The encyclical Pacem in Terris, issued by John XXIII on April 11, 1963, solidified his reputation as “Good Pope John” by calling for a world without victims or executioners. A papal appeal for “peace on earth” was well received everywhere, including the Soviet Union, after the October 1962 Cuban missile crisis brought the world to the brink of nuclear war. However, the Vatican’s belief that the Kremlin masters took the encyclical’s message to heart was naive.

Pacem in Terris taught what? Six decades later, how does its global analysis look?

John XXIII preached that “all men are equal by reason of their natural dignity” in a new historical era. That view meant that the fundamental Catholic social doctrine notion of the common good was global, not just national, and that a “worldwide public authority” was needed to achieve “peace on earth.” That worldwide authority should prioritize human rights, which Pope John broadly defined.

Communism, despite its “false philosophical teachings,” may “contain elements that are positive and deserving of approval” and should be included in the global political community. “In an age such as ours, which prides itself on its atomic energy, it is contrary to reason to hold that war is now a suitable way to restore rights which have been violated,” Pacem in Terris concluded.

For all that John XXIII’s grand vision inspired hope that the world could find its way beyond the knife’s-edge stalemate of the Cold War, the encyclical’s lacunae that friendly critics pointed out after it was issued—its lack of attention to the realities of power in world politics, its misreading of the intrinsic linkage between Marxist ideas and totalitarian politics, its seeming indifference to the enduring effects of original sin in the political sphere—were,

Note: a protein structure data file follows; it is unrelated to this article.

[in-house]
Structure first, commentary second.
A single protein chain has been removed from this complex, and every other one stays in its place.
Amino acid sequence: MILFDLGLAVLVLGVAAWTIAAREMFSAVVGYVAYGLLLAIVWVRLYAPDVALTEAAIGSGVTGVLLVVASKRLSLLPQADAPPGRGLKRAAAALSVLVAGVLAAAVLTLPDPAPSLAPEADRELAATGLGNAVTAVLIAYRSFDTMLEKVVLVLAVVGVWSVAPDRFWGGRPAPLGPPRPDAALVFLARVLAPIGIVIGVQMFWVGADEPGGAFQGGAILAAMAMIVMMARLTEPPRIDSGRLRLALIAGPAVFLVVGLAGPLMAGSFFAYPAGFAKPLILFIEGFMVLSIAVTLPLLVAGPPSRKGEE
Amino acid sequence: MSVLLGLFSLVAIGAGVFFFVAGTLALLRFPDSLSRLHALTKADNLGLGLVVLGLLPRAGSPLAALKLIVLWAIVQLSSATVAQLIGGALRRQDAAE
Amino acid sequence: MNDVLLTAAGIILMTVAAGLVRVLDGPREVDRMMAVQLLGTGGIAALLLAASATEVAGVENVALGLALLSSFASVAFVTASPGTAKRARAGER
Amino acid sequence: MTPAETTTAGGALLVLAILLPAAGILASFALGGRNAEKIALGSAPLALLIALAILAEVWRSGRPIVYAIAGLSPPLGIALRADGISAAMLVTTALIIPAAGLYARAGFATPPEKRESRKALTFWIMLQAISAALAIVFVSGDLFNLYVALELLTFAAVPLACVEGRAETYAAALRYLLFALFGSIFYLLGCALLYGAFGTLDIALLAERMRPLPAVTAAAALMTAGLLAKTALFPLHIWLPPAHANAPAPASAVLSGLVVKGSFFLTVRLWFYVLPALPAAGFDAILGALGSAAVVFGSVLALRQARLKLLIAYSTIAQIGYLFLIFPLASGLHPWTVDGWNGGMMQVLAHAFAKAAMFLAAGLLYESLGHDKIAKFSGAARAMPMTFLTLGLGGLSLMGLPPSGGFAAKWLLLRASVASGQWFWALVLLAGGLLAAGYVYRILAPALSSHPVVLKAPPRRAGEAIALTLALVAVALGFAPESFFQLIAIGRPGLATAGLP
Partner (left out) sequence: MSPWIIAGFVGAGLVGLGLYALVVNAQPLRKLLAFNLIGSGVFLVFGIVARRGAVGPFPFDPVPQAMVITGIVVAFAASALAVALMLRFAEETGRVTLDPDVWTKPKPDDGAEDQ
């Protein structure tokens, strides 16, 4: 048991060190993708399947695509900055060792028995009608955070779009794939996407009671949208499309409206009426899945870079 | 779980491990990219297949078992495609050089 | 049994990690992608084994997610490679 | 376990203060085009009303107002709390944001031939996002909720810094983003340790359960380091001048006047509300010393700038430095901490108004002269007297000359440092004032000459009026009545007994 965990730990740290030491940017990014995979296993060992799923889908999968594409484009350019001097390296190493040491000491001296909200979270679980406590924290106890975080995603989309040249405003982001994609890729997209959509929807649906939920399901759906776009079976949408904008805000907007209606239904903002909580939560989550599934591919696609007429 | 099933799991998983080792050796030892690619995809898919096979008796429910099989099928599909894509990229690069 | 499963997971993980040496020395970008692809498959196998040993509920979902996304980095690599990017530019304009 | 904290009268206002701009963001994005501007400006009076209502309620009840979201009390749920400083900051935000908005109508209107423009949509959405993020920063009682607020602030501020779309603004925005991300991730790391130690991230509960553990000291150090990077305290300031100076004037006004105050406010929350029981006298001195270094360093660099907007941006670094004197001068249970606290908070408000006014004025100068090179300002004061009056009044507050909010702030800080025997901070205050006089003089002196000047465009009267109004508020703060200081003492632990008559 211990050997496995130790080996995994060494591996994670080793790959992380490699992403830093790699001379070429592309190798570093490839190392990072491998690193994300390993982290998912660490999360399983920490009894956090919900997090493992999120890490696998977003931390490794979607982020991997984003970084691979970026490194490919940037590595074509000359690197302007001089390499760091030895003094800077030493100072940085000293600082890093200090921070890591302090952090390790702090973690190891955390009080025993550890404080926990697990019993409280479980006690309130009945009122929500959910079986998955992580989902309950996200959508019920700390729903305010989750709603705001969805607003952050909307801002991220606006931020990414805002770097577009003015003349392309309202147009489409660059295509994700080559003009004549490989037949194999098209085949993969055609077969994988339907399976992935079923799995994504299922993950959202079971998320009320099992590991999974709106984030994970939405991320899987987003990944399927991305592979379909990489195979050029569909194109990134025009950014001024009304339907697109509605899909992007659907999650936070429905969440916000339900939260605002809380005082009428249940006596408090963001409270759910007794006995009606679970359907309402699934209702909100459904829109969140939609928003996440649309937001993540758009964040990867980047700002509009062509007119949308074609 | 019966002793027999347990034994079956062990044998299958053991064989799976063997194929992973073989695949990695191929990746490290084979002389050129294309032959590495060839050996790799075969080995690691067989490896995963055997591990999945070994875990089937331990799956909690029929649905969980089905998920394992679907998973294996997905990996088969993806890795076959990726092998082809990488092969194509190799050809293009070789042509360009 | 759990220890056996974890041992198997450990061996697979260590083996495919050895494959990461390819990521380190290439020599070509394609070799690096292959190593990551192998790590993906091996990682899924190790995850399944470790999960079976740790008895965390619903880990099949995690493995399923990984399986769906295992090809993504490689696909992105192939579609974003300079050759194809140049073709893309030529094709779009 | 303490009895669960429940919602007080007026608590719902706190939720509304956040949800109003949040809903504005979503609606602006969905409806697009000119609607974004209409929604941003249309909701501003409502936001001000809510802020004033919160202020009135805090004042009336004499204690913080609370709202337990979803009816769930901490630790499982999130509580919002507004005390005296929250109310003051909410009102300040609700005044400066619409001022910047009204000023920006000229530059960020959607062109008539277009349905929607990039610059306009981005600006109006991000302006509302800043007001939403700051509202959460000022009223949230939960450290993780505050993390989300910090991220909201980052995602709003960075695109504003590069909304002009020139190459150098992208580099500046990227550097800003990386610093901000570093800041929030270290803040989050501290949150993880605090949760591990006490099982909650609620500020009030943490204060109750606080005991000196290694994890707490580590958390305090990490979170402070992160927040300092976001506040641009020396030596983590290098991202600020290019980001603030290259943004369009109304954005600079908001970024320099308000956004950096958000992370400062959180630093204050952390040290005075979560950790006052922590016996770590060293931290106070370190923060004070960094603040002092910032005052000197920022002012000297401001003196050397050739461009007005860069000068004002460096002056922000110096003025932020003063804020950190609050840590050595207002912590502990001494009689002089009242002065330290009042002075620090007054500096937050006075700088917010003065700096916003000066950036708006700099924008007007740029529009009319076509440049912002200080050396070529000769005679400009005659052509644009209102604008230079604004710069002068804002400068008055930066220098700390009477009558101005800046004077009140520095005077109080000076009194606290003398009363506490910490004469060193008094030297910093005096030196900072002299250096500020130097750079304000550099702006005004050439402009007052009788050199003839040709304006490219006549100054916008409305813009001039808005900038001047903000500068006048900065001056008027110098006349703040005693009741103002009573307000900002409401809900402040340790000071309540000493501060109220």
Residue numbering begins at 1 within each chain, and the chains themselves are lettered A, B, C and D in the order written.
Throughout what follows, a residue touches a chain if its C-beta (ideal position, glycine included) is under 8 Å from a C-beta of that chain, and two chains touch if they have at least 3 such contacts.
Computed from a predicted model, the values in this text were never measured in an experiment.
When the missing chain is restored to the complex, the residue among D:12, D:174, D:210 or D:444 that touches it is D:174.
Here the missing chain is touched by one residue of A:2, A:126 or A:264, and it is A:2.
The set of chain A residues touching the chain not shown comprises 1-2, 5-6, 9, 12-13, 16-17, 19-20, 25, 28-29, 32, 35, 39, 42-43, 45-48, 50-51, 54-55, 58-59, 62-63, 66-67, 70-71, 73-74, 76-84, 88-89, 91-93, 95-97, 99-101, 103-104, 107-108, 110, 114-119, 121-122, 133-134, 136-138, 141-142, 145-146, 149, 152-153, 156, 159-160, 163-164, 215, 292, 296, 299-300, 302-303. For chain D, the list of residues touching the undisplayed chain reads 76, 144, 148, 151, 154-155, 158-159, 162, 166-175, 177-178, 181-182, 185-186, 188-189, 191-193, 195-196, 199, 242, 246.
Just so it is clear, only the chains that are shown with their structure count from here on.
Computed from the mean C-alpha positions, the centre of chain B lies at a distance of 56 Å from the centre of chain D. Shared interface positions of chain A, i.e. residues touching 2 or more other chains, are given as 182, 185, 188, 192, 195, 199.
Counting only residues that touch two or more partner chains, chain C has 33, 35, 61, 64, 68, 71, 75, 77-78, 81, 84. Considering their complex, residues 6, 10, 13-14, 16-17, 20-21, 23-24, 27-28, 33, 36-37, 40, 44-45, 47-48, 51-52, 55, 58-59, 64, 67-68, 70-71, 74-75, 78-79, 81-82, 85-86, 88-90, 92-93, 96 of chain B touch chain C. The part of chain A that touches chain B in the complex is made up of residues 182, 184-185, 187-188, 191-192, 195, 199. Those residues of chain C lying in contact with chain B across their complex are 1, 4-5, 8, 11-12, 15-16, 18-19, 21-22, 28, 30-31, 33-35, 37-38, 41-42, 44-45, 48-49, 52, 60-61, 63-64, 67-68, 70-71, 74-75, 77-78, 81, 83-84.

In The Peacemaker: Ronald Reagan, The Cold War, and the World on the Brink, William Inboden calls the US-supported strategy of “negotiated surrender” the reason the Cold War ended. In the 1980s, an arms race increased nuclear war risks but also destroyed the Soviet Union’s motivation to compete.

The encyclical’s call for a “universal public authority” to address global issues has been called into question by the UN’s incompetence and corruption since Pacem in Terris, particularly in the defense of basic human rights.

Pacem in Terris’ 60th anniversary shows a worthy goal but a weak understanding of its obstacles.

John XXIII’s welcome emphasis on human rights as an important issue in international public life was validated by the 1979 revolution of conscience—the human rights revolution—that his third successor, John Paul II, started in East Central Europe, another key factor in the nonviolent collapse of European communism.

But Pacem in Terris’ tendency to label nearly every political, social, and economic desirable as a “human right” has not served the Church or world politics, and the Holy See’s address to world politics has become irresistible.

The famous Jesuit philosopher John Courtney Murray contended in his commentary on the encyclical that John XXIII’s ideal political community—”the free man under a limited government”—was derived from Thomas Aquinas.

Pacem in Terris was influenced by the Angelic Doctor, but where was Augustine, another great Catholic political theorist? As Augustine was, was the pope aware of the scope of human political foolishness and the risks of dictatorship in utopian dreams of human perfection?

Denver Catholic, the Archdiocese of Denver’s newspaper, syndicates George Weigel’s “The Catholic Difference” column.

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